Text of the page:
• Abhirami

Lavender Menace - A Movement

Abhirami B


What did Lavender Menace mean? It was a term used for lesbian people because they challenged the notions of heteronormativity in the late 1960s and the early 1970s. The term was first used by Betty Friedan in 1969 in a National Organization of Women (NOW) meeting to describe why it would threaten the cause of the American Feminist movement to include lesbian issues. And what was her reason? It was because many straight and even some lesbian feminists, at the time, thought that addressing lesbian issues might slow down the liberation of women both economically and socially.


Let’s try and look at this objectively.


The issue here was this, a straight feminist woman Betty Friedan and others like her believed that, and I’m paraphrasing here, “Hey, the cause of lesbian people in itself is not so important now and more importantly cannot be included in the feminist movement”. Why? Because it questioned heteronormativity and the feminist movement could risk sounding like a “man-hating” movement which might hamper the goals of economic and social equality for women. Some may not see a problem with this, but, here’s the problem – excluding outspoken lesbian people from the “mainstream” American feminist movement would imply two things;

  • One could benefit from the feminist movement only if one was a straight woman. Which meant that only straight women were part of the feminist movement - that negated the cause and purpose of the Feminist movement in itself i.e. INCLUSIVITY.

  • By not including women and people of different sexualities, NOW and other feminist organizations like it, propagated not only the risk of non- inclusivity but also this – Only a certain type of women i.e. straight women defined the feminist movement and that they approved of heteronormativity, which if you look at, was really hypocritical of the movement’s original values (for those who understand the movement).

This resulted in many lesbian feminists leaving NOW and other feminist organizations, more like other straight feminist organizations, to form one of their own – Lavender Menace.


What came in as a term to neglect the lesbian feminist’s cause became a full-fledged group as a consequence of the exclusion of these individuals. The group which was formed in 1970, included prominent members like Rita Mae Brown, Lois Hart, Karla Jay, Barbara Love, Artemis March and Ellen Shumsky and many others who were part of the Gay Liberation Front and NOW. They together disrupted the 1970 Second Congress to Unite Women which was sponsored by NOW. Congress very consciously excluded all lesbian rights issues from the agenda.


It was quite remarkable what they did – the members cut off the electricity at the conference and assembled in the halls and when the lights were turned on they had T-shirts with the name “Lavender Menace” written on them in a slight lavender dye colour. They handed out manifestos that read “the Women-Identified Women”.

­As a result of this in 1971, NOW started including lesbian rights among its policies and gradually, lesbian rights became part of the key issues NOW addressed.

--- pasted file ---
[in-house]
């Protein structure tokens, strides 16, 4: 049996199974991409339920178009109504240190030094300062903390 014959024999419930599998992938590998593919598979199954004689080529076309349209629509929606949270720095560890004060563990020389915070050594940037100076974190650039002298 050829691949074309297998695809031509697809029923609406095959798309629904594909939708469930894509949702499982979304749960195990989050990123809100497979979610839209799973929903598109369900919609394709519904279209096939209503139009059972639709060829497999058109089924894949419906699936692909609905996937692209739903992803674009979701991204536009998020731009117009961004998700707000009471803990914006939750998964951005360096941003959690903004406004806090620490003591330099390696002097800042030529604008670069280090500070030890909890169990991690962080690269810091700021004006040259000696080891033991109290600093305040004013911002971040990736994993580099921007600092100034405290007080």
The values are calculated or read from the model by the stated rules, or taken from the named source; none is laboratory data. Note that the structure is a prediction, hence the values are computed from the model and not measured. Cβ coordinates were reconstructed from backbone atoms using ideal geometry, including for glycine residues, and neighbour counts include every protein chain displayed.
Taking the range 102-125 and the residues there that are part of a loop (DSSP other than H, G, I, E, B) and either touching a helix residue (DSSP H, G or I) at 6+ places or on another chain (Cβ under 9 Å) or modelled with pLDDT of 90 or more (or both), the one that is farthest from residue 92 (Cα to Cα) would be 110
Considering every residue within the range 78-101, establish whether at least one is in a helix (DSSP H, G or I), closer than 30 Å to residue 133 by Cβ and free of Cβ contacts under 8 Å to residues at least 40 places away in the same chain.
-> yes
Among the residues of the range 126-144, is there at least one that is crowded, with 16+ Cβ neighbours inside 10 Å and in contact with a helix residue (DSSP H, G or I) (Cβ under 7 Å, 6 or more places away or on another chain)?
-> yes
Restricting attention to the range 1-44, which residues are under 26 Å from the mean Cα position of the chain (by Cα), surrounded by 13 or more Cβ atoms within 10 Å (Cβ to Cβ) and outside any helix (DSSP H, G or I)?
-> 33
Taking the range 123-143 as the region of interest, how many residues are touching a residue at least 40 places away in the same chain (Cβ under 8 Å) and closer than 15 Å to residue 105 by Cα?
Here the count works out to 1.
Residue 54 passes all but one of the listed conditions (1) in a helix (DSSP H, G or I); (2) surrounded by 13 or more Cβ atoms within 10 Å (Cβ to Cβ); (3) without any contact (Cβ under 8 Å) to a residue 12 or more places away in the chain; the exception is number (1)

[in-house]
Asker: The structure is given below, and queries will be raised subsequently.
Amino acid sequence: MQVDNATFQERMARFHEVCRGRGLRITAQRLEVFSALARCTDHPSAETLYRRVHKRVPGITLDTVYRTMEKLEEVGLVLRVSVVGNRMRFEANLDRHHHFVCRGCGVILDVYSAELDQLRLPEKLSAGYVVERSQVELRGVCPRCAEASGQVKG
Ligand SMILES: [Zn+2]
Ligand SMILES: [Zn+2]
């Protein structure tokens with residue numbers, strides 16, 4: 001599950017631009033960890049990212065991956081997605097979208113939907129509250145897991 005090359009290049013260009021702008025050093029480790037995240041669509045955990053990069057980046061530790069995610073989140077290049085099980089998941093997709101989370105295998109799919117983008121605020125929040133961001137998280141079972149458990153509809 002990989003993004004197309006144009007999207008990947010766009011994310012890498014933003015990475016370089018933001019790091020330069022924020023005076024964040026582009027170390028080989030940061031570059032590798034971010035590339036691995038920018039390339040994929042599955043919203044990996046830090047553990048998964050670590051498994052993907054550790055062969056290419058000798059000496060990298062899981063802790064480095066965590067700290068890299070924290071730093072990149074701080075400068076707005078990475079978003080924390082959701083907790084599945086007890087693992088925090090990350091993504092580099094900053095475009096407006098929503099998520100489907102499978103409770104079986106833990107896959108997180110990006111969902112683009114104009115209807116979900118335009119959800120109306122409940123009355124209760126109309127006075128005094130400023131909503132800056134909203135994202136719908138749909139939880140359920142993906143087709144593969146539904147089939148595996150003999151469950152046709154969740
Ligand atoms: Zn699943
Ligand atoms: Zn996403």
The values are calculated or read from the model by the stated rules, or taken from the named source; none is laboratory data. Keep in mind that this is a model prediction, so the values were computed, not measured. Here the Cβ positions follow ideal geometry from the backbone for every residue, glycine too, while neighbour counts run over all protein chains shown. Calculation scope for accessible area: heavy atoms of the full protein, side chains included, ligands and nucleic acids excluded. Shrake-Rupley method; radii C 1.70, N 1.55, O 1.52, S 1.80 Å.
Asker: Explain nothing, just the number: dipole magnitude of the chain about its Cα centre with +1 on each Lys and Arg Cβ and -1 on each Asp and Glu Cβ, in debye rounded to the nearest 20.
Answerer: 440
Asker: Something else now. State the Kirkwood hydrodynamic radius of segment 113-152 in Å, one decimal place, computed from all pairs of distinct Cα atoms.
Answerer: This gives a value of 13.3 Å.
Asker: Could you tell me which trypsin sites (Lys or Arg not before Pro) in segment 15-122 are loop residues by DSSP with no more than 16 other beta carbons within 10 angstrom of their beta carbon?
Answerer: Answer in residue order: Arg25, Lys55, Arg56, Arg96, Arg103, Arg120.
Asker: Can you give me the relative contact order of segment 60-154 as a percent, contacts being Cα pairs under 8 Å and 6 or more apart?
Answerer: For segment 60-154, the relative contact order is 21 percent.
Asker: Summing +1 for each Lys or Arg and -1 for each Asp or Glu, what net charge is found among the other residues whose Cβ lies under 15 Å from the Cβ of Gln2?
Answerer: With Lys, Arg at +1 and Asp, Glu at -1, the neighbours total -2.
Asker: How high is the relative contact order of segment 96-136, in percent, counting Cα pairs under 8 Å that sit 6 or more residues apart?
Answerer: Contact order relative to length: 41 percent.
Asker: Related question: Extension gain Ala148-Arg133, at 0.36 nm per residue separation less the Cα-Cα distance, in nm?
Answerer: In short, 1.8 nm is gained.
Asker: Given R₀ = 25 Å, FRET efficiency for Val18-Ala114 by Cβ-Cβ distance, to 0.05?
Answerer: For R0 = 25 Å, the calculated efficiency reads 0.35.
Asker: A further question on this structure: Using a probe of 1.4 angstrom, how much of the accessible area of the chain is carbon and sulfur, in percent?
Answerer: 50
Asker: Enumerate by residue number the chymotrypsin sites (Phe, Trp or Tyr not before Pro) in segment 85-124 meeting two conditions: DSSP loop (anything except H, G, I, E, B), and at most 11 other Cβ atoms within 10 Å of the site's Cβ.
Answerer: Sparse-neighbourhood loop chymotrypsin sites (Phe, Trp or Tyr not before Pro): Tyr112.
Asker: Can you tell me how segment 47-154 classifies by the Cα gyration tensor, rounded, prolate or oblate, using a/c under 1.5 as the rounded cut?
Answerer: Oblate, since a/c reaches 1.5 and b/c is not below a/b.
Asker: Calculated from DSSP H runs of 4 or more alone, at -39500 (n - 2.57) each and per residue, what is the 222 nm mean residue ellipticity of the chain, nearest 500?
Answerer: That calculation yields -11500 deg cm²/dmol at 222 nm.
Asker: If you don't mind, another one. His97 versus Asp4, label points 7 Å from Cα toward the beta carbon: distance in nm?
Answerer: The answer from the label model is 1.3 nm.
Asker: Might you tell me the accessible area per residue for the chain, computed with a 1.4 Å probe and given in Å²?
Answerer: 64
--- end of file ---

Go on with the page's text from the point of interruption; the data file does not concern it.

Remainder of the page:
Why the colour lavender? It’s not exactly clear, but the LGBTQIA+ rights are associated with the colour lavender. One of the very important questions this movement raised was this; The Feminist Movement (the second wave of the U.S. Feminist Movement) and some groups associated with the movement like Redstockings focussed on “consciousness-raising” which can be summarized by the phrase “the personal is political.” If the personal was political, how could sexual identity not be taken into consideration i.e. how are women identifying with women and not men, not be a part of feminism?


Read that again.


Lavender Menace, all in all, not only questioned heteronormativity but also demanded inclusivity of lesbian feminists into the American feminist movement that they rightly deserved.

 

Abhirami is a second year undergraduate student majoring in English, Political Science and History. She enjoys writing (as you can see) and is in uncharted waters here i.e. the writing arena. She is a recently discovered existentialist ambivert who enjoys debating among other things. She relishes understanding and interpreting art and more often than not, stops by paintings and visual art with a rendition of pop culture in the digital form.

 

References

- Affinity.“Remembering the Lavender Menace”.

- Affinity. http://affinitymagazine.us/2016/10/22/ remembering-the-lavender-menace/

- Napikoski, Linda. "Lavender Menace: the Phrase, the Group, the Controversy."

- ThoughtCo, Feb. 11, 2020, thoughtco.com/lavender-menace-feminism-definition-3528970.

- Iovannone. Jeffry J. “Rita Mae Brown: Lavender Menace.” Medium, June 4, 2018, https:// medium.com/queer-history-for-the-people/rita-mae-brown-lavender-menace-759dd376b6bc.

- Affinity.“Remembering the Lavender Menace”. Affinity. http://affinitymagazine.us/2016/10/22/ remembering-the-lavender-menace/

- Napikoski, Linda. "Lavender Menace: the Phrase, the Group, the Controversy." ThoughtCo, Feb. 11, 2020, thoughtco.com/lavender-menace-feminism-definition-3528970.

- Iovannone. Jeffry J. “Rita Mae Brown: Lavender Menace.” Medium, June 4, 2018, https:// medium.com/queer-history-for-the-people/rita-mae-brown-lavender-menace-759dd376b6bc.